The rushing numbers over the past four weeks tell the story. The Seahawks are 3-1 and have an NFL-best 673 rushing yards in that span. The Broncos are 3-1, with 576 rushing yards, the league's third-best total. The Bengals (523 yards, ninth best) and Patriots (507, 11th) are also 3-1.

Playoff teams have to prepare for the cold, and the best way to handle the conditions is to upgrade their ability to run the football. Snow, wind or rain negatively affect passing offenses, and domed stadium playoff games aren't going to be plentiful. The Colts are sure to have a home playoff game in the dome. The Arizona Cardinals may have a 10-3 record, but there is no guarantee they will win the division with Seattle getting hot.

The New Orleans Saints or Atlanta Falcons may get a home dome playoff game, but nothing is certain in the horrible NFC South.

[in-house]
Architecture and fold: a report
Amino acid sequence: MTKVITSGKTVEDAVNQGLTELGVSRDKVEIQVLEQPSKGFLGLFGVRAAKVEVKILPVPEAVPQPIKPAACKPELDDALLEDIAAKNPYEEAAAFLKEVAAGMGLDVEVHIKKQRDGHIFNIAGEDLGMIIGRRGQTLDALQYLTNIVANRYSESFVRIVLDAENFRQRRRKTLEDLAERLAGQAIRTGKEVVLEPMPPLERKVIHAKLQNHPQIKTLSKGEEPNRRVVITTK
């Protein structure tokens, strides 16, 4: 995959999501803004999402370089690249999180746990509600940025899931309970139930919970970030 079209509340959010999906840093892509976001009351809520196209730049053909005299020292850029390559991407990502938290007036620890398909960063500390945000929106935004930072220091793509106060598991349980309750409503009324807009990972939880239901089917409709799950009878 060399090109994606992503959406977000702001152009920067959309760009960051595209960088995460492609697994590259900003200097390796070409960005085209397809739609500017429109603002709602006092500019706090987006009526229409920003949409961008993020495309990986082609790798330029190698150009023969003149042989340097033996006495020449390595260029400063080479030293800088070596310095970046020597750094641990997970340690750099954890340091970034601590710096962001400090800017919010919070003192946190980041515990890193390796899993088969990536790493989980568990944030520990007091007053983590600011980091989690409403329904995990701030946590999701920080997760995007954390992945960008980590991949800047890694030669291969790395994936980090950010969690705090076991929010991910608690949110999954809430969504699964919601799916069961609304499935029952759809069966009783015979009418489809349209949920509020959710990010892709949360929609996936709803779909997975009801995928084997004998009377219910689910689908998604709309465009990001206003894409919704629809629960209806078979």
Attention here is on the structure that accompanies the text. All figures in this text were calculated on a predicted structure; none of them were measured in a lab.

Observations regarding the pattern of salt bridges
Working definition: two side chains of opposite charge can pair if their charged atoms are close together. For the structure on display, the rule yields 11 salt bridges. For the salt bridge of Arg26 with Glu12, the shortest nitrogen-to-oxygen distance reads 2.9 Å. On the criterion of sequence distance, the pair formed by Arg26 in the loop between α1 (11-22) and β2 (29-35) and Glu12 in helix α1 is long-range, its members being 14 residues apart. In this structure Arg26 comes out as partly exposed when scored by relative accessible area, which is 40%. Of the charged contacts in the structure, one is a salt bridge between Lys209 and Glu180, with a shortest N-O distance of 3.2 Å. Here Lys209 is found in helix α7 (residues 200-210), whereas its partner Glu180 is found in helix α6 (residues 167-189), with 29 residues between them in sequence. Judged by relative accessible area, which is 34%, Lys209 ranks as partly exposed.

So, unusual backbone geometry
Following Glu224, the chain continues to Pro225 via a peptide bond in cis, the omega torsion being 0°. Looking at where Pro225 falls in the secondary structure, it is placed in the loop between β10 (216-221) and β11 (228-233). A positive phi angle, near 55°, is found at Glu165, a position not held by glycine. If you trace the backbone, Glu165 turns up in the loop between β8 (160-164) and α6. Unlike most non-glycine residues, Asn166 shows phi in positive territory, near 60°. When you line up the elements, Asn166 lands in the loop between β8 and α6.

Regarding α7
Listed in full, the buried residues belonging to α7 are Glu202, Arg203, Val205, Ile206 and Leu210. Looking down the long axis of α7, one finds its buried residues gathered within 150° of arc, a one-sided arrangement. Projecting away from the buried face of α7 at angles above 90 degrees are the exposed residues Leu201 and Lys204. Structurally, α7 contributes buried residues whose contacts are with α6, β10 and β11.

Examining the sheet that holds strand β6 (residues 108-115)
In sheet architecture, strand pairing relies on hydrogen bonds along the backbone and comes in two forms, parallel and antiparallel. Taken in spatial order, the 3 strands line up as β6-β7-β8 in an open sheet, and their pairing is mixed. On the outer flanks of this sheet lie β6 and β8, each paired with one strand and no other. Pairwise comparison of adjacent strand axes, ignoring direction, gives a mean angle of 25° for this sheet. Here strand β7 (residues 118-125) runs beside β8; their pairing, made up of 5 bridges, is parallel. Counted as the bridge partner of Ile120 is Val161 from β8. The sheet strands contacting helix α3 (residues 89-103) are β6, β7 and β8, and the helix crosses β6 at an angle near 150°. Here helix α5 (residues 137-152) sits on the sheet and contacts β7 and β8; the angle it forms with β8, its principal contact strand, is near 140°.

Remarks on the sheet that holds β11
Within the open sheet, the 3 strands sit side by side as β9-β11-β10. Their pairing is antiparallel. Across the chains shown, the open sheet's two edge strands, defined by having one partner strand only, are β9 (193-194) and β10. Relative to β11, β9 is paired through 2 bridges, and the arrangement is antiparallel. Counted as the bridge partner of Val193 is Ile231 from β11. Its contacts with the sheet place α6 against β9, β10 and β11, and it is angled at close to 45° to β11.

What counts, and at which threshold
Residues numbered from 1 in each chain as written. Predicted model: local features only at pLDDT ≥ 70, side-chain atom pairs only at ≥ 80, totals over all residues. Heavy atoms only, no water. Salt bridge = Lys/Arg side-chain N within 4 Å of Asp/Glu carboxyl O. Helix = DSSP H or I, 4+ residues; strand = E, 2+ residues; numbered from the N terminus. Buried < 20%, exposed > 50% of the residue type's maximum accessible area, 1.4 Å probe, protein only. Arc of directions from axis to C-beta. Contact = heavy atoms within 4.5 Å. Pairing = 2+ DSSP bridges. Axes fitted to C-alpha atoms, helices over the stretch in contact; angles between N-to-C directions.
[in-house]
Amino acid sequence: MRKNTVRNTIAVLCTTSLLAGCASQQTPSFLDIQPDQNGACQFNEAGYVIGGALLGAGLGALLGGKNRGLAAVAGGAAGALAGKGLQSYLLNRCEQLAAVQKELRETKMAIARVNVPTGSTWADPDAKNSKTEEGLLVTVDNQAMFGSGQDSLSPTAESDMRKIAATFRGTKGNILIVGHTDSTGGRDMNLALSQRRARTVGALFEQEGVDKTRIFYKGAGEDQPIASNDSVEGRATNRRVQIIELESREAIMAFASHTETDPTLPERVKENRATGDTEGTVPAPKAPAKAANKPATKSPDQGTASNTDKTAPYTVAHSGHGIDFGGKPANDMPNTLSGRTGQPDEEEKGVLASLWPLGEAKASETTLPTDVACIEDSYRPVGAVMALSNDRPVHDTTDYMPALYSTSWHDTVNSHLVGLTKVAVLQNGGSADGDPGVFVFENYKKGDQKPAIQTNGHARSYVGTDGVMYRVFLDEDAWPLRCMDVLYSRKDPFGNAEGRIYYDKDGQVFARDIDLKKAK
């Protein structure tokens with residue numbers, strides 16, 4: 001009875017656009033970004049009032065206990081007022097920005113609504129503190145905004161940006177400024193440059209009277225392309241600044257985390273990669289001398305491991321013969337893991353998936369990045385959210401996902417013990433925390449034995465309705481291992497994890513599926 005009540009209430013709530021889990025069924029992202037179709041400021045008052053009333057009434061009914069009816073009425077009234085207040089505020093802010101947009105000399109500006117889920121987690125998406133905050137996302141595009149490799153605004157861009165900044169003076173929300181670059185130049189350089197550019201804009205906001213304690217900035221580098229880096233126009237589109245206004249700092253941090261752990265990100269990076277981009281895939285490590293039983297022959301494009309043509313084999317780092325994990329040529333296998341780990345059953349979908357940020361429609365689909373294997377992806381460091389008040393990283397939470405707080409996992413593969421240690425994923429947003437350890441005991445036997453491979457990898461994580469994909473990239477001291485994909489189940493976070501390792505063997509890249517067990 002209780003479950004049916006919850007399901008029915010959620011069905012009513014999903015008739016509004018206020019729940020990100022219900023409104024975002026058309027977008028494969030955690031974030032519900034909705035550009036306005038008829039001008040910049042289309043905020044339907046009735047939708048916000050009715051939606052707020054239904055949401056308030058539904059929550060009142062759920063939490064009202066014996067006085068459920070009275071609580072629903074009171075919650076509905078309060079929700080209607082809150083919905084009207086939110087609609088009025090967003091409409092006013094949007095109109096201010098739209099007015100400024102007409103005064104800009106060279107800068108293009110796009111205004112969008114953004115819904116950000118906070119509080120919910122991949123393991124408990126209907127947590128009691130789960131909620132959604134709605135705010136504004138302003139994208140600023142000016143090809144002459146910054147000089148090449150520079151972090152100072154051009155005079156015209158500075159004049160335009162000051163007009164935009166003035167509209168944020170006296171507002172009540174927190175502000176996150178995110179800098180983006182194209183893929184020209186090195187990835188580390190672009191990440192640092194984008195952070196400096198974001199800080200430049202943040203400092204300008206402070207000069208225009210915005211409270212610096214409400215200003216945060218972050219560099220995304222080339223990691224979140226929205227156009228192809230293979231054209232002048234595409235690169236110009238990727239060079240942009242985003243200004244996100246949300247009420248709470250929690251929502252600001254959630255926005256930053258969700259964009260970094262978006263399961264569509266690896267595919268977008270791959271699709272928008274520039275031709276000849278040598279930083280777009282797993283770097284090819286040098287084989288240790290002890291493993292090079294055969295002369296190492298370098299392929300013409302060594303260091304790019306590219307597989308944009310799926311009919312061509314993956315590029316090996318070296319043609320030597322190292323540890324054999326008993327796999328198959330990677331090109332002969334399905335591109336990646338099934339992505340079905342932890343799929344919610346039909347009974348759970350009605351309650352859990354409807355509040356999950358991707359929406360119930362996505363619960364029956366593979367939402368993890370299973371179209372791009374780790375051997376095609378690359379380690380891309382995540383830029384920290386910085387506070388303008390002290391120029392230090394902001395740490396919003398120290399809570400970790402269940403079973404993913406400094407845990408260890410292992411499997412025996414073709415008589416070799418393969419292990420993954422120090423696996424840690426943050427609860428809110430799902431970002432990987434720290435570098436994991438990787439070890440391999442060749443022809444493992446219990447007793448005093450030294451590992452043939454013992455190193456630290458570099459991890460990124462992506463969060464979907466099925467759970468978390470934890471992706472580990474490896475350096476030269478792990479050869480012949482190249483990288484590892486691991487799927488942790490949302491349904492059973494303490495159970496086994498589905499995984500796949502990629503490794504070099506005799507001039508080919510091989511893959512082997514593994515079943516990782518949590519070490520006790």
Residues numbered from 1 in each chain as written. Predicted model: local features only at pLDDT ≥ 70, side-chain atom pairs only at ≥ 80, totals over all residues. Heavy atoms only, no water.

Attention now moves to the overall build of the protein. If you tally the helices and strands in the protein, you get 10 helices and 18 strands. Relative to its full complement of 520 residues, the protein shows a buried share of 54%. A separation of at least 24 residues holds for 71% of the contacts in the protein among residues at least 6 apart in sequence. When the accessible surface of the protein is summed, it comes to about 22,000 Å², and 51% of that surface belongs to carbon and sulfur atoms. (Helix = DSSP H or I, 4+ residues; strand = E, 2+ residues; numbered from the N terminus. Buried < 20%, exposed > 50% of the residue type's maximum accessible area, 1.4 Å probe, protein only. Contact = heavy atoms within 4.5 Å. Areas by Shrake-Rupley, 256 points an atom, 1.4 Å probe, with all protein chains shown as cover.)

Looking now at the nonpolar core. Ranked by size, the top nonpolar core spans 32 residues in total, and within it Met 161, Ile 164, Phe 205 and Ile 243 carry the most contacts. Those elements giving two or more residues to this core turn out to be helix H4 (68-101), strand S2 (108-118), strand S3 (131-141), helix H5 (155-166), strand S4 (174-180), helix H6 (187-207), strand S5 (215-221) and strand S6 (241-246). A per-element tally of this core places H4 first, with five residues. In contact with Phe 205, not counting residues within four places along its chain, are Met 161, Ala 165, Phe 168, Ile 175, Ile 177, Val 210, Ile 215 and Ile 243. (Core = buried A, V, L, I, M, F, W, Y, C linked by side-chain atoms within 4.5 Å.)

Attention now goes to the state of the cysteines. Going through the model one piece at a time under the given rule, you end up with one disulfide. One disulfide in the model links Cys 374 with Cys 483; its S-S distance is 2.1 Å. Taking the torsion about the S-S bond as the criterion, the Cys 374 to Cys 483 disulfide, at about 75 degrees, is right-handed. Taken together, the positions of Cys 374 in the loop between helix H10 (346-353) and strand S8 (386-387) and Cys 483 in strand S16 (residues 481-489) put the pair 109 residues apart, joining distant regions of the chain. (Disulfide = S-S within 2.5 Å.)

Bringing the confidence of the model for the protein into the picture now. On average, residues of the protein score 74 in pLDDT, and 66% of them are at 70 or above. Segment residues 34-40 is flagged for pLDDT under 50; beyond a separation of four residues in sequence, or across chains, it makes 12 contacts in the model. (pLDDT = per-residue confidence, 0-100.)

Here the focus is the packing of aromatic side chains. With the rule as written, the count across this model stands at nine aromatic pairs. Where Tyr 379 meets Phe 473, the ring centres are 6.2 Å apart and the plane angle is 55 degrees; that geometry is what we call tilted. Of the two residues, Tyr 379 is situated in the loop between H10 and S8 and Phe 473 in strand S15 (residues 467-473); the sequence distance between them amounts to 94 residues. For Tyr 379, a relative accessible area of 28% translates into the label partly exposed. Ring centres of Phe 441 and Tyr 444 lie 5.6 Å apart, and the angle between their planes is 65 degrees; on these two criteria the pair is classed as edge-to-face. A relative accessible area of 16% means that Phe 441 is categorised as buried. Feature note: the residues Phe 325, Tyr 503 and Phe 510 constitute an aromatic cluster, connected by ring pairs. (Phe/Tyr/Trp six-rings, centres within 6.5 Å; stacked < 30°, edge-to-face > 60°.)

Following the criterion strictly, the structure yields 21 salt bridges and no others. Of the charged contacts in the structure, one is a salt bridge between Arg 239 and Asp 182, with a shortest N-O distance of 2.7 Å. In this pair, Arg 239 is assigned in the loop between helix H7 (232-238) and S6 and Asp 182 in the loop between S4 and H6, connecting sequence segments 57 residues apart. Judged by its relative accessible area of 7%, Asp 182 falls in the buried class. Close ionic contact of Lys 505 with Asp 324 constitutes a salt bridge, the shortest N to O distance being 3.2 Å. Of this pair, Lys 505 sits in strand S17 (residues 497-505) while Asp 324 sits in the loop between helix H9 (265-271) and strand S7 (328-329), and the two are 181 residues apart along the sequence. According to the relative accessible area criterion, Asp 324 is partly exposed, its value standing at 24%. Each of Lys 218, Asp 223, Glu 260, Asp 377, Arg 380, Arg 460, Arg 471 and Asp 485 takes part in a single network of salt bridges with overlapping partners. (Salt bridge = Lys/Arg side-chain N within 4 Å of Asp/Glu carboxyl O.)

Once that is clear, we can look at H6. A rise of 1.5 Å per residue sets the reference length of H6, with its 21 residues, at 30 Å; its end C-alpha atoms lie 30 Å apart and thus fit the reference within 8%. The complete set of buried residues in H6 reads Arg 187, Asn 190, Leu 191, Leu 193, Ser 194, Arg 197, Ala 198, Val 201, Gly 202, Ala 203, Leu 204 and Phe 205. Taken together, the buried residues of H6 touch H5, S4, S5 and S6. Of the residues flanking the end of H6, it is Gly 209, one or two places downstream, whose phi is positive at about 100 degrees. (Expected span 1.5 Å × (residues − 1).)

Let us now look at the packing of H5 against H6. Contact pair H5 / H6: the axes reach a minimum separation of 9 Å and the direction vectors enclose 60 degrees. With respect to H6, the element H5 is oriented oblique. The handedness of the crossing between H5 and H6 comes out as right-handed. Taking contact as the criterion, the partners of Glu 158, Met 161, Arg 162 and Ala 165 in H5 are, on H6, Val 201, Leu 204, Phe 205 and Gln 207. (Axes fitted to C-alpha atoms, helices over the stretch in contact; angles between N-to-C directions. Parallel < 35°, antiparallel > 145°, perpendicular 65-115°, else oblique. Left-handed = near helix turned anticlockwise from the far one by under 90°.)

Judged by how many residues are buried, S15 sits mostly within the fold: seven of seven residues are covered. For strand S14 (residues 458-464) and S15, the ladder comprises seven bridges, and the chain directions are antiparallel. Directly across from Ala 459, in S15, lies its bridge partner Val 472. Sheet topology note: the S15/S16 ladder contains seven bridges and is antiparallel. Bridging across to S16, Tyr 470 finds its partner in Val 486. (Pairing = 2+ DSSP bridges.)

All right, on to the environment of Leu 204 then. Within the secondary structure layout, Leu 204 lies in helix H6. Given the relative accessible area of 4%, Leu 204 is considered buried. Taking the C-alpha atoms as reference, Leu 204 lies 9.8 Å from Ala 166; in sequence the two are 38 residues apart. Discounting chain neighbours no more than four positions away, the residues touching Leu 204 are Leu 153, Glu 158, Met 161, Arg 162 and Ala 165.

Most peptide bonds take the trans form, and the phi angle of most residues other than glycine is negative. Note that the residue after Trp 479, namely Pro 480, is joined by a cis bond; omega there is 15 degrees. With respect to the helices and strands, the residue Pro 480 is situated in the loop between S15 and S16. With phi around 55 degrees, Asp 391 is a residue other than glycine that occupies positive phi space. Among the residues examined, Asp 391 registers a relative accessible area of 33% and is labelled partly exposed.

Pittsburgh showed the value of the ground game by rushing for 193 yards in its convincing 42-21 victory over Cincinnati. Winning this late in the season doesn't come down to having the best running attack, but it does come down to having enough of a running threat to win.

From the inbox

Q: Huge Bills fan here. But a realistic one. They're not going to be a playoff team with that anemic offense, the main reason being the lack of QB. That's obvious, and you don't have to be a rocket scientist to see it. My question is how they can fix the situation next season. Are there veteran QBs who will be free to pursue after the current season?

Justin in Orchard Park, New York